Capitalism’s great trick is to make us long for the useless and unnecessary. Under the bright lights, I felt that itch starting up
All I can say is that I should have known better. No, my decision to visit the branch of Amazon Fresh that has just opened near where I live was not at all a good match for the sweeping month-long programme of mindfulness and joy-sparking I tentatively set in motion for myself on 1 January. But there I was all the same, curiosity having got the better of me. And yes, the result was predictably awful. As any wellness guru worth the name could doubtless have told me, this way lay simmering despair and an almost overwhelming desire to buy a packet of Jacob’s Mini Cheddars.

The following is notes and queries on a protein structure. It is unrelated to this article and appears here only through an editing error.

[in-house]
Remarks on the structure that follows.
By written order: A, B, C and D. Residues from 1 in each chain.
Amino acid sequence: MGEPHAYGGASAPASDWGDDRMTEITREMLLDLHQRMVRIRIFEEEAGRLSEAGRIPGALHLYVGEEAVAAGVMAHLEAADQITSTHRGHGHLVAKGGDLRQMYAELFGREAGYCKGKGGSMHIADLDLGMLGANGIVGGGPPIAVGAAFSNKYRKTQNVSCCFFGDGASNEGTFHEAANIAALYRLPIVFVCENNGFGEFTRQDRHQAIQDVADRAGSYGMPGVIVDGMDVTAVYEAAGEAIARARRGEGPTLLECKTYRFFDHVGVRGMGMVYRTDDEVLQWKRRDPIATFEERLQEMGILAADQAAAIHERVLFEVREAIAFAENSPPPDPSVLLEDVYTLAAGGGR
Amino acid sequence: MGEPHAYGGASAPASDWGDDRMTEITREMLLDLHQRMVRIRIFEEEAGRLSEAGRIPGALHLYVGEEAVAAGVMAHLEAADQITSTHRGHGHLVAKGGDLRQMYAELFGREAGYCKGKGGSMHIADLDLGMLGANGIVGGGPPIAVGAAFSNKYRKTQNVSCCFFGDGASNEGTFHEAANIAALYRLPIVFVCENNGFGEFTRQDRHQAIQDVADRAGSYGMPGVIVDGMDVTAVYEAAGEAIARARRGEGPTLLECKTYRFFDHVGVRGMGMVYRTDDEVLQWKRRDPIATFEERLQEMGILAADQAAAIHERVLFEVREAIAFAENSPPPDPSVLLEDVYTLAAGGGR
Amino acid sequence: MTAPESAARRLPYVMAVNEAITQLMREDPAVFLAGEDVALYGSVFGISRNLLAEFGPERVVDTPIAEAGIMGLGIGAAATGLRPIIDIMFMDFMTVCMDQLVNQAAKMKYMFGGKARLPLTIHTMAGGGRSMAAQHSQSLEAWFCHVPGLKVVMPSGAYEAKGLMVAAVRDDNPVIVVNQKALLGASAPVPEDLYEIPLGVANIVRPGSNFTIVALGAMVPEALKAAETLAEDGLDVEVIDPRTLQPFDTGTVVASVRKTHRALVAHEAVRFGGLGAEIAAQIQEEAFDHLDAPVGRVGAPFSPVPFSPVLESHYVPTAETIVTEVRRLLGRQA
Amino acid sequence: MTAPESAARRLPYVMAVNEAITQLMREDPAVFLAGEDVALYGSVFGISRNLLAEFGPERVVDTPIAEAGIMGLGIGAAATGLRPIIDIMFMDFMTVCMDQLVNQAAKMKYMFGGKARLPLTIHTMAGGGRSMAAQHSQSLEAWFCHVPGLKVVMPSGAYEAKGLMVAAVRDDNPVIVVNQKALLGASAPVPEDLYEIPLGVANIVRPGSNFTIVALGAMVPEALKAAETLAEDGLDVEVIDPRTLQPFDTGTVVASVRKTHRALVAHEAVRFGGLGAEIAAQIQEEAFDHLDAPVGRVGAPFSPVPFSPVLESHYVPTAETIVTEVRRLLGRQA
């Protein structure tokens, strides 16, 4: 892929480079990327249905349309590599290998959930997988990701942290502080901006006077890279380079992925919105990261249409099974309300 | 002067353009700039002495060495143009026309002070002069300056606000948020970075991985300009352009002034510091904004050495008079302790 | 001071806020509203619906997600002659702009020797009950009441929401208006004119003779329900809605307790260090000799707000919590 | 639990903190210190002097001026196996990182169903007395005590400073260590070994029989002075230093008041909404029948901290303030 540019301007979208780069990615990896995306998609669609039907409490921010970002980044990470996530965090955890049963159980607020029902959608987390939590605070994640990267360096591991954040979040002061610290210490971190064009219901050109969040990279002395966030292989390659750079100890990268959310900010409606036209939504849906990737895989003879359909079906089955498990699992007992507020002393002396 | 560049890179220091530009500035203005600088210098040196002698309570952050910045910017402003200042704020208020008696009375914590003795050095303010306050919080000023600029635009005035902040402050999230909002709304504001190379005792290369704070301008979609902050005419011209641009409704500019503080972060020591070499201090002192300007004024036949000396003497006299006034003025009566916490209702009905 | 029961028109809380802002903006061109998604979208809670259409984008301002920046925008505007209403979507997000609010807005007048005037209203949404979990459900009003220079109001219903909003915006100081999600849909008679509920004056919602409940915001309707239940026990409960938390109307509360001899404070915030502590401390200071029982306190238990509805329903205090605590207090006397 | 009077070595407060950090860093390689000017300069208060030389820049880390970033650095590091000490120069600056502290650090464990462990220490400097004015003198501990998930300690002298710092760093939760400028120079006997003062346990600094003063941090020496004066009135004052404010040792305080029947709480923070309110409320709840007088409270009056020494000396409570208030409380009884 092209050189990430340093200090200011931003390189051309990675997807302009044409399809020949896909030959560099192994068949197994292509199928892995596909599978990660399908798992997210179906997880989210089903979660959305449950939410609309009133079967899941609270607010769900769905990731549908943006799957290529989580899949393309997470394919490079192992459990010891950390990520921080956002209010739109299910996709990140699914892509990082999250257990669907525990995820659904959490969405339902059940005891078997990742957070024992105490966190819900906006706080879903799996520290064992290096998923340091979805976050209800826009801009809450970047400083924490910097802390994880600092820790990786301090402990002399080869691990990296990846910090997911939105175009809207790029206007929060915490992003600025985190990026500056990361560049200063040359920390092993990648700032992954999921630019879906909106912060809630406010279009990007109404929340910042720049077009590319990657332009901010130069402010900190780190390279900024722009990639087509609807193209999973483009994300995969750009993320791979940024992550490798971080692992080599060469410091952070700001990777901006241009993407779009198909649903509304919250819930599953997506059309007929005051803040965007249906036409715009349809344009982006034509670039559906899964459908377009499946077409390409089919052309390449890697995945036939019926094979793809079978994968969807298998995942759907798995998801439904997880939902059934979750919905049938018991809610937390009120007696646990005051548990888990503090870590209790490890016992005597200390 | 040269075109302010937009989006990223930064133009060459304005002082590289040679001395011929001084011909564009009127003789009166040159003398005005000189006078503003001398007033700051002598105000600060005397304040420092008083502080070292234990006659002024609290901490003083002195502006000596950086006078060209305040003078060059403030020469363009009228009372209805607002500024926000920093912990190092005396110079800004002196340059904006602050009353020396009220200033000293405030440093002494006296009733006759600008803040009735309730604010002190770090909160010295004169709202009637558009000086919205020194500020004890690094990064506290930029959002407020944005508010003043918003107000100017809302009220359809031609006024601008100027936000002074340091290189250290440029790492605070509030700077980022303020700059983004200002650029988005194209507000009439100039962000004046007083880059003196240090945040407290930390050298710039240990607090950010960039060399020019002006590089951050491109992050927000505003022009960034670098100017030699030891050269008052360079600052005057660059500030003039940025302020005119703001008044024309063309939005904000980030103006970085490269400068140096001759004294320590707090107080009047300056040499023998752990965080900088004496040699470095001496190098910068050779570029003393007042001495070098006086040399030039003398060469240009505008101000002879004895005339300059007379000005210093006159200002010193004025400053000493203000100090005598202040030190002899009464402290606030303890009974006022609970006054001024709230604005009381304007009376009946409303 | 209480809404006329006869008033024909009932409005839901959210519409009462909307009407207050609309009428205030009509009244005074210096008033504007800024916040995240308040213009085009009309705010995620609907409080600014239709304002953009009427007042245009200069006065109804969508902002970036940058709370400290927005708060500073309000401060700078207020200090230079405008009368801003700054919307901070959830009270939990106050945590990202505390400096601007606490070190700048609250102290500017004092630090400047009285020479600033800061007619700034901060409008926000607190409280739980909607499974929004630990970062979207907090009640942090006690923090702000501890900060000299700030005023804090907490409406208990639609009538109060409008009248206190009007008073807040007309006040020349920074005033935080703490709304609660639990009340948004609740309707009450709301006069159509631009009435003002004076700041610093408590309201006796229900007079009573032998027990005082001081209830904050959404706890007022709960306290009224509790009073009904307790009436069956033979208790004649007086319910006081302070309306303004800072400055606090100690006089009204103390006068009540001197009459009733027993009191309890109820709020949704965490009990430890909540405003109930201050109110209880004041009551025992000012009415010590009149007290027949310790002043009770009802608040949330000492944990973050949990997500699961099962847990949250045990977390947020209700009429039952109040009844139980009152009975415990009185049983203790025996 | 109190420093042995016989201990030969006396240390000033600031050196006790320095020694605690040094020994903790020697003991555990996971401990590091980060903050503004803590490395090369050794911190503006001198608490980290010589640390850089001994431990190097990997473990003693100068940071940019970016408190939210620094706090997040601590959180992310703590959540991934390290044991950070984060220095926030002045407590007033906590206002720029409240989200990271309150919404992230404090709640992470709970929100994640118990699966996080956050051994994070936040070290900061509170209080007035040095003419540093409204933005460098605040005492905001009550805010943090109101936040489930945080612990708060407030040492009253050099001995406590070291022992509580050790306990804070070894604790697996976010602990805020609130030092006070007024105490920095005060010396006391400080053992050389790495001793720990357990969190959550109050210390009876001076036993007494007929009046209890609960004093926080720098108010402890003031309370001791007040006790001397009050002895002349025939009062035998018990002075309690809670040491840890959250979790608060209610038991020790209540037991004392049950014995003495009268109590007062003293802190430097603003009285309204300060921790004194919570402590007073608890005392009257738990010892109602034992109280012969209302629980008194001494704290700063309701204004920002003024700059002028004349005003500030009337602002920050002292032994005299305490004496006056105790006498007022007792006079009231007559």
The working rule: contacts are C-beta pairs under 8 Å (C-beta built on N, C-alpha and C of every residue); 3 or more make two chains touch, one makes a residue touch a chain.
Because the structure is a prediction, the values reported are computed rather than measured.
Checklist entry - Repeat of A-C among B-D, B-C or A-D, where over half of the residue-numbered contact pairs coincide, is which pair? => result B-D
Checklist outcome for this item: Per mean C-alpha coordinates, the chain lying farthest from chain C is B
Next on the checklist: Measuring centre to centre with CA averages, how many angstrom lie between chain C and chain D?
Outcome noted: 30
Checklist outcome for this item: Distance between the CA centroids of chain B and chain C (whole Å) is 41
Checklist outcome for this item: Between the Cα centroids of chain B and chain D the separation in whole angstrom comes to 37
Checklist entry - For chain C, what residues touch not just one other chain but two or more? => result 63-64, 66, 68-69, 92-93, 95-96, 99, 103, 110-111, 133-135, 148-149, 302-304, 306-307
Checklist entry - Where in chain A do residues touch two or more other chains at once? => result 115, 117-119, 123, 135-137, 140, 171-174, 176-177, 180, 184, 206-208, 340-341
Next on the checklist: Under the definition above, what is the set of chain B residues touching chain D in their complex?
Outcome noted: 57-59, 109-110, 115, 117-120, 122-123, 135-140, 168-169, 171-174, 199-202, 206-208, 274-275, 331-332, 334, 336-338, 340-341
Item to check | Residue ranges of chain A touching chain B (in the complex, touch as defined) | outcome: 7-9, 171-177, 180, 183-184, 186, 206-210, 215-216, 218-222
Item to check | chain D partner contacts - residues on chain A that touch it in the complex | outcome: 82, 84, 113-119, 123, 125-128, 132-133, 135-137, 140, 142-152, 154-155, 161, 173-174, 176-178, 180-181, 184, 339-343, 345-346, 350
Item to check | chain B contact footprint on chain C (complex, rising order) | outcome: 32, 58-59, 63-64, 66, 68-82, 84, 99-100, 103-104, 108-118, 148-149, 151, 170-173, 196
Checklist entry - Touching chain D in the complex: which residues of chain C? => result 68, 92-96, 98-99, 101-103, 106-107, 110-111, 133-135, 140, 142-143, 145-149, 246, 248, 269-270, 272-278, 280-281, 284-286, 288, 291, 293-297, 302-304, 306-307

I still have no idea how Amazon got the go-ahead to set up a branch of the grocery wing of its rampaging empire in the grade-II listed building it now inhabits: an old tram depot that when I first came to this part of London was the home of lots of little antique shops (RIP). There was, I seem to remember, a bit of a kerfuffle over its alcohol licence, but in the end it got the green light, in spite of the fact that there are already three large supermarkets mere metres away. Now it stands there rather mournfully, its lurid sign seemingly aiming to attract either those who simply cannot be bothered to cross the road, or those who prefer to keep on their headphones as they shop. (Amazon Fresh’s USP is that it has no tills, so customers need not speak to a single soul.) This, I have read, is one of 10 branches in the capital so far; by 2025, the company hopes to have 260 across the UK.